This churinga is unusual in being trapezoidal in shape, whereas they are usually rectangular or elliptical. This example is decorated on each side with three sets of shallow-carved concentric circles, showing the red stone beneath the polished, black-painted surface.
Context:Churinga (tjuringa, tjurunga) are usually described in the west as sacred objects, on the rather inaccurate assumption that they represent religious artifacts. Certainly churinga are meant to be very powerful and secret objects; 'tju' means secret or hidden, 'runga' refers to personal ownership. The markings on the surface of the churinga represent the clan's totem, so that the fate of the clan is closely identified with the churinga themselves. Because of this, churinga are always kept in secure and secret locations. They are often used or 'consulted' in order to secure good luck, for example by rubbing on the body. Churinga often feature in mythological tales. Possessed by the earliest ancestors, they represent the power of an individual, which may be stolen away - always with disastrous consequences. The churinga in the Paget collection are deliberately not illustrated, as to show these objects would be highly inappropriate.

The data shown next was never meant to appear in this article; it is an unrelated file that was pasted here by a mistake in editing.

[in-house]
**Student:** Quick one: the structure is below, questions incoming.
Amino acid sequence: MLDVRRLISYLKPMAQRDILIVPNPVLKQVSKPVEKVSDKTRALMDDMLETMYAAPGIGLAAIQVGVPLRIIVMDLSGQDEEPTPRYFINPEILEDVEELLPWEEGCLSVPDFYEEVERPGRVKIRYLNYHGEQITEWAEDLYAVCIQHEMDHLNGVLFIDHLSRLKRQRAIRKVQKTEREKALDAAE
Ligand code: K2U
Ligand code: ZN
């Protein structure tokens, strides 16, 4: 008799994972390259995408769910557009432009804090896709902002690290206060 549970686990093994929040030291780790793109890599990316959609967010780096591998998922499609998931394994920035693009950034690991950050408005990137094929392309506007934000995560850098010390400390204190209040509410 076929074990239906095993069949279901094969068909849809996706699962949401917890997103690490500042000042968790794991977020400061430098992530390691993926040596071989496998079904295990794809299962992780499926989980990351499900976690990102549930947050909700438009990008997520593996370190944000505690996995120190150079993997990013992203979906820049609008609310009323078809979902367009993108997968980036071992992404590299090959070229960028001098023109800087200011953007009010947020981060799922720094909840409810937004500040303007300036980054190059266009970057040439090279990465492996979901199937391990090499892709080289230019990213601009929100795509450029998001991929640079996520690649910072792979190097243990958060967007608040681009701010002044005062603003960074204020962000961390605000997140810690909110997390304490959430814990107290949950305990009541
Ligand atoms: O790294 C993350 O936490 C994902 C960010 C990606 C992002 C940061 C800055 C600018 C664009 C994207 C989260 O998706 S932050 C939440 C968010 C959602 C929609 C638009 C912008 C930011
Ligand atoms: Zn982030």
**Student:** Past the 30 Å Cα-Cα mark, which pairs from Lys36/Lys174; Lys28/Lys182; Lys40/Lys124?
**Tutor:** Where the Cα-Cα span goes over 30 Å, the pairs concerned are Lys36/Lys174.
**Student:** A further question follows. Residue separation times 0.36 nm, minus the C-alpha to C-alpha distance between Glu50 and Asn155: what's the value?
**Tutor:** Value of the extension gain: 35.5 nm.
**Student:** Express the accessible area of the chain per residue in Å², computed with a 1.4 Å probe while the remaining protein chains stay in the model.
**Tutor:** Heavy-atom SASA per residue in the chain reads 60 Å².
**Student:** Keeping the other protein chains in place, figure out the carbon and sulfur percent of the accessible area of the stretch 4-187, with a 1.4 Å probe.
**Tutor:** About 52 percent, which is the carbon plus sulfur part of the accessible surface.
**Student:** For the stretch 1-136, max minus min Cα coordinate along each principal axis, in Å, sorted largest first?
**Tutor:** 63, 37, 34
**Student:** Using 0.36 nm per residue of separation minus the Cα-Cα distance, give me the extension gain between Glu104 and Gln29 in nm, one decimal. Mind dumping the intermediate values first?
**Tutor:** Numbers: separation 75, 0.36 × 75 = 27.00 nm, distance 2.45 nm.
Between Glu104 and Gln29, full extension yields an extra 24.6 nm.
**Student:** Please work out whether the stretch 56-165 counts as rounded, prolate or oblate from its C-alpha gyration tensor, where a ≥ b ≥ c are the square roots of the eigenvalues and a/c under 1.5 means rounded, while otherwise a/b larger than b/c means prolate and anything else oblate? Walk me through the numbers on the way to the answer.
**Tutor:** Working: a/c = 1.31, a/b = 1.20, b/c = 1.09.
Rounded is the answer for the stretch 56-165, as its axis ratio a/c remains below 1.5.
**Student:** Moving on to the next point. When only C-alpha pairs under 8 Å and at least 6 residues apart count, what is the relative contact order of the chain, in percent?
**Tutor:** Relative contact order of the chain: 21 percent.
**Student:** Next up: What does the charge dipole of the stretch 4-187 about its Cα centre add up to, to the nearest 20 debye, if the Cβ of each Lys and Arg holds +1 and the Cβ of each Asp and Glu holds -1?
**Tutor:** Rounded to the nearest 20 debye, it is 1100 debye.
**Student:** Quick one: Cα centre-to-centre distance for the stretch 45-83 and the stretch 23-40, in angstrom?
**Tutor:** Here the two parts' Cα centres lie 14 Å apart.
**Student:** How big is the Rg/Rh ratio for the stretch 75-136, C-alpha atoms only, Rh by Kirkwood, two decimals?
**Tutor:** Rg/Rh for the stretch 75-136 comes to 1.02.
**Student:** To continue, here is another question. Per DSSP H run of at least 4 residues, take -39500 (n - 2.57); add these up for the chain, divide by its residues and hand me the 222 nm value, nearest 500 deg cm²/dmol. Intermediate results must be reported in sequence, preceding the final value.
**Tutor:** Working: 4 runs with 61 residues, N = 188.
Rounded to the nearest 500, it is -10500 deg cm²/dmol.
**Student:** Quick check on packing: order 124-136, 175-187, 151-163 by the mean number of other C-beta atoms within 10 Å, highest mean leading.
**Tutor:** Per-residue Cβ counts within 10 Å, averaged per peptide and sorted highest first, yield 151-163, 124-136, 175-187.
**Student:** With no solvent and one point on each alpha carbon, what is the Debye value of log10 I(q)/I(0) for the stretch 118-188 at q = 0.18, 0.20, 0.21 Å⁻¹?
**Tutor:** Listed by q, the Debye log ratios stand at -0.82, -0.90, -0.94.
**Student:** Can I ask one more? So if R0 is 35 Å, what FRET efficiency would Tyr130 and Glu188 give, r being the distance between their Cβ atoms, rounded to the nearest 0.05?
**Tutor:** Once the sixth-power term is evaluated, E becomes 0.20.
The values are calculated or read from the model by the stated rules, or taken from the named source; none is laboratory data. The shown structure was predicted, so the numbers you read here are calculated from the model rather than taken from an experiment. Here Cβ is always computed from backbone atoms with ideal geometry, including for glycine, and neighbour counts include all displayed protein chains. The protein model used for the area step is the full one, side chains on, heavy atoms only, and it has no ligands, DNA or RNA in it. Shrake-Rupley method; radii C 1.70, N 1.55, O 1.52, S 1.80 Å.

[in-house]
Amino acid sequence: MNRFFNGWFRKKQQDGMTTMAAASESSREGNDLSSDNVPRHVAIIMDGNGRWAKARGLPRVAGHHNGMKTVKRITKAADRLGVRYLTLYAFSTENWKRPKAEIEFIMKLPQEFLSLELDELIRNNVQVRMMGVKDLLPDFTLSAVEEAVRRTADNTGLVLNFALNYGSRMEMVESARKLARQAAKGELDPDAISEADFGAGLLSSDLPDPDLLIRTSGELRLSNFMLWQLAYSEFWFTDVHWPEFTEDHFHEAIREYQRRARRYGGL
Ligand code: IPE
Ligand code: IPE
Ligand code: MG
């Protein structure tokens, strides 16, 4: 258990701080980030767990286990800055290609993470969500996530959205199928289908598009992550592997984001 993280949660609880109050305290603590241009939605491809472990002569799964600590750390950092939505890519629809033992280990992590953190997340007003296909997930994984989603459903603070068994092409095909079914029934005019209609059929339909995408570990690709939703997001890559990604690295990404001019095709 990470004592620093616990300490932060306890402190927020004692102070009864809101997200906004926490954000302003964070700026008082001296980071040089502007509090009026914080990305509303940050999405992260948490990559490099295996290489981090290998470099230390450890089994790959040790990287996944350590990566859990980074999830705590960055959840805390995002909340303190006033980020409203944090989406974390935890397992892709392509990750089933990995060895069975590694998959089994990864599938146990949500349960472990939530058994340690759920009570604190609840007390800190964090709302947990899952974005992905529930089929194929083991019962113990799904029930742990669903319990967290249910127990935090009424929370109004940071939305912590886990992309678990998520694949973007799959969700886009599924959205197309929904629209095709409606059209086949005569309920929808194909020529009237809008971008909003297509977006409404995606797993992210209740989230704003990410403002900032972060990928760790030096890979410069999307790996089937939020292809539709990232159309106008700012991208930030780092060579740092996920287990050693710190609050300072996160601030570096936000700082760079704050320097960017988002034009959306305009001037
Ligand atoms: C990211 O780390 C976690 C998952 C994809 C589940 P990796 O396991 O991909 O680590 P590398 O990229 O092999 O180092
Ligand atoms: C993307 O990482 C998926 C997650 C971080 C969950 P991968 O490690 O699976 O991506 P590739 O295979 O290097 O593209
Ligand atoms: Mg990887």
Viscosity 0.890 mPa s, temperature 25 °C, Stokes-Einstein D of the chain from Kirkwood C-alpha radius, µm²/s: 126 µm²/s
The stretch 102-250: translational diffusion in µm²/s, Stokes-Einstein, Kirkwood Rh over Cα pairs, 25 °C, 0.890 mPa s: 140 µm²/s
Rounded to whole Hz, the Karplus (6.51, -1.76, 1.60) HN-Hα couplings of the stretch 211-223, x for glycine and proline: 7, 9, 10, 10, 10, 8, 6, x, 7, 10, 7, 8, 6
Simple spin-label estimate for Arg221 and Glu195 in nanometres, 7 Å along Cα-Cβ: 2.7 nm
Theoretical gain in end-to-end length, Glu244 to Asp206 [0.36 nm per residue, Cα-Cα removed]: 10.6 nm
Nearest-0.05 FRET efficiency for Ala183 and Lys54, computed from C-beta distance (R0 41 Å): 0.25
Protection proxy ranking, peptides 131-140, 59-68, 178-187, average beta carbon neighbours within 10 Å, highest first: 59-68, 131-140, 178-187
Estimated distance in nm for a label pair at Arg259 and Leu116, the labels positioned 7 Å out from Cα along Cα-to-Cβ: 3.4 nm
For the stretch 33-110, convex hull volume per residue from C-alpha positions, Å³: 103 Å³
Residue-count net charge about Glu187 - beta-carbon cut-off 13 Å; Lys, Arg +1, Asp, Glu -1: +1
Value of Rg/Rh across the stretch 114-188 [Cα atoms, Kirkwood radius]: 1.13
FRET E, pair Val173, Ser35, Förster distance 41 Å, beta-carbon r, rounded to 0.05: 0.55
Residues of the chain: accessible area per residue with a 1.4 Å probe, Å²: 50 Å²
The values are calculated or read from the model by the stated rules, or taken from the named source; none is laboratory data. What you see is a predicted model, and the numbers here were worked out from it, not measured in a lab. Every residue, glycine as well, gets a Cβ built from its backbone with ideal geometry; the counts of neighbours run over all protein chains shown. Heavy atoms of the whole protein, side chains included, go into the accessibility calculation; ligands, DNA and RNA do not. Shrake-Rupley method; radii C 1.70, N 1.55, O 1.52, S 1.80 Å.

|Type of object:||Churinga|
|Type category:||Religious/cult or fetish object|
|Material:||Unspecified paint, Red stone|
|Current accession number:||8|
|Former accession number:||7|
|Recorded by:||Peter Evans|
|Record date:||Sat, 15th Mar 2008|
|Copyright:||Copyright© by the Sainsbury Centre for Visual Arts, UEA, Norwich, 2002. All Rights reserved|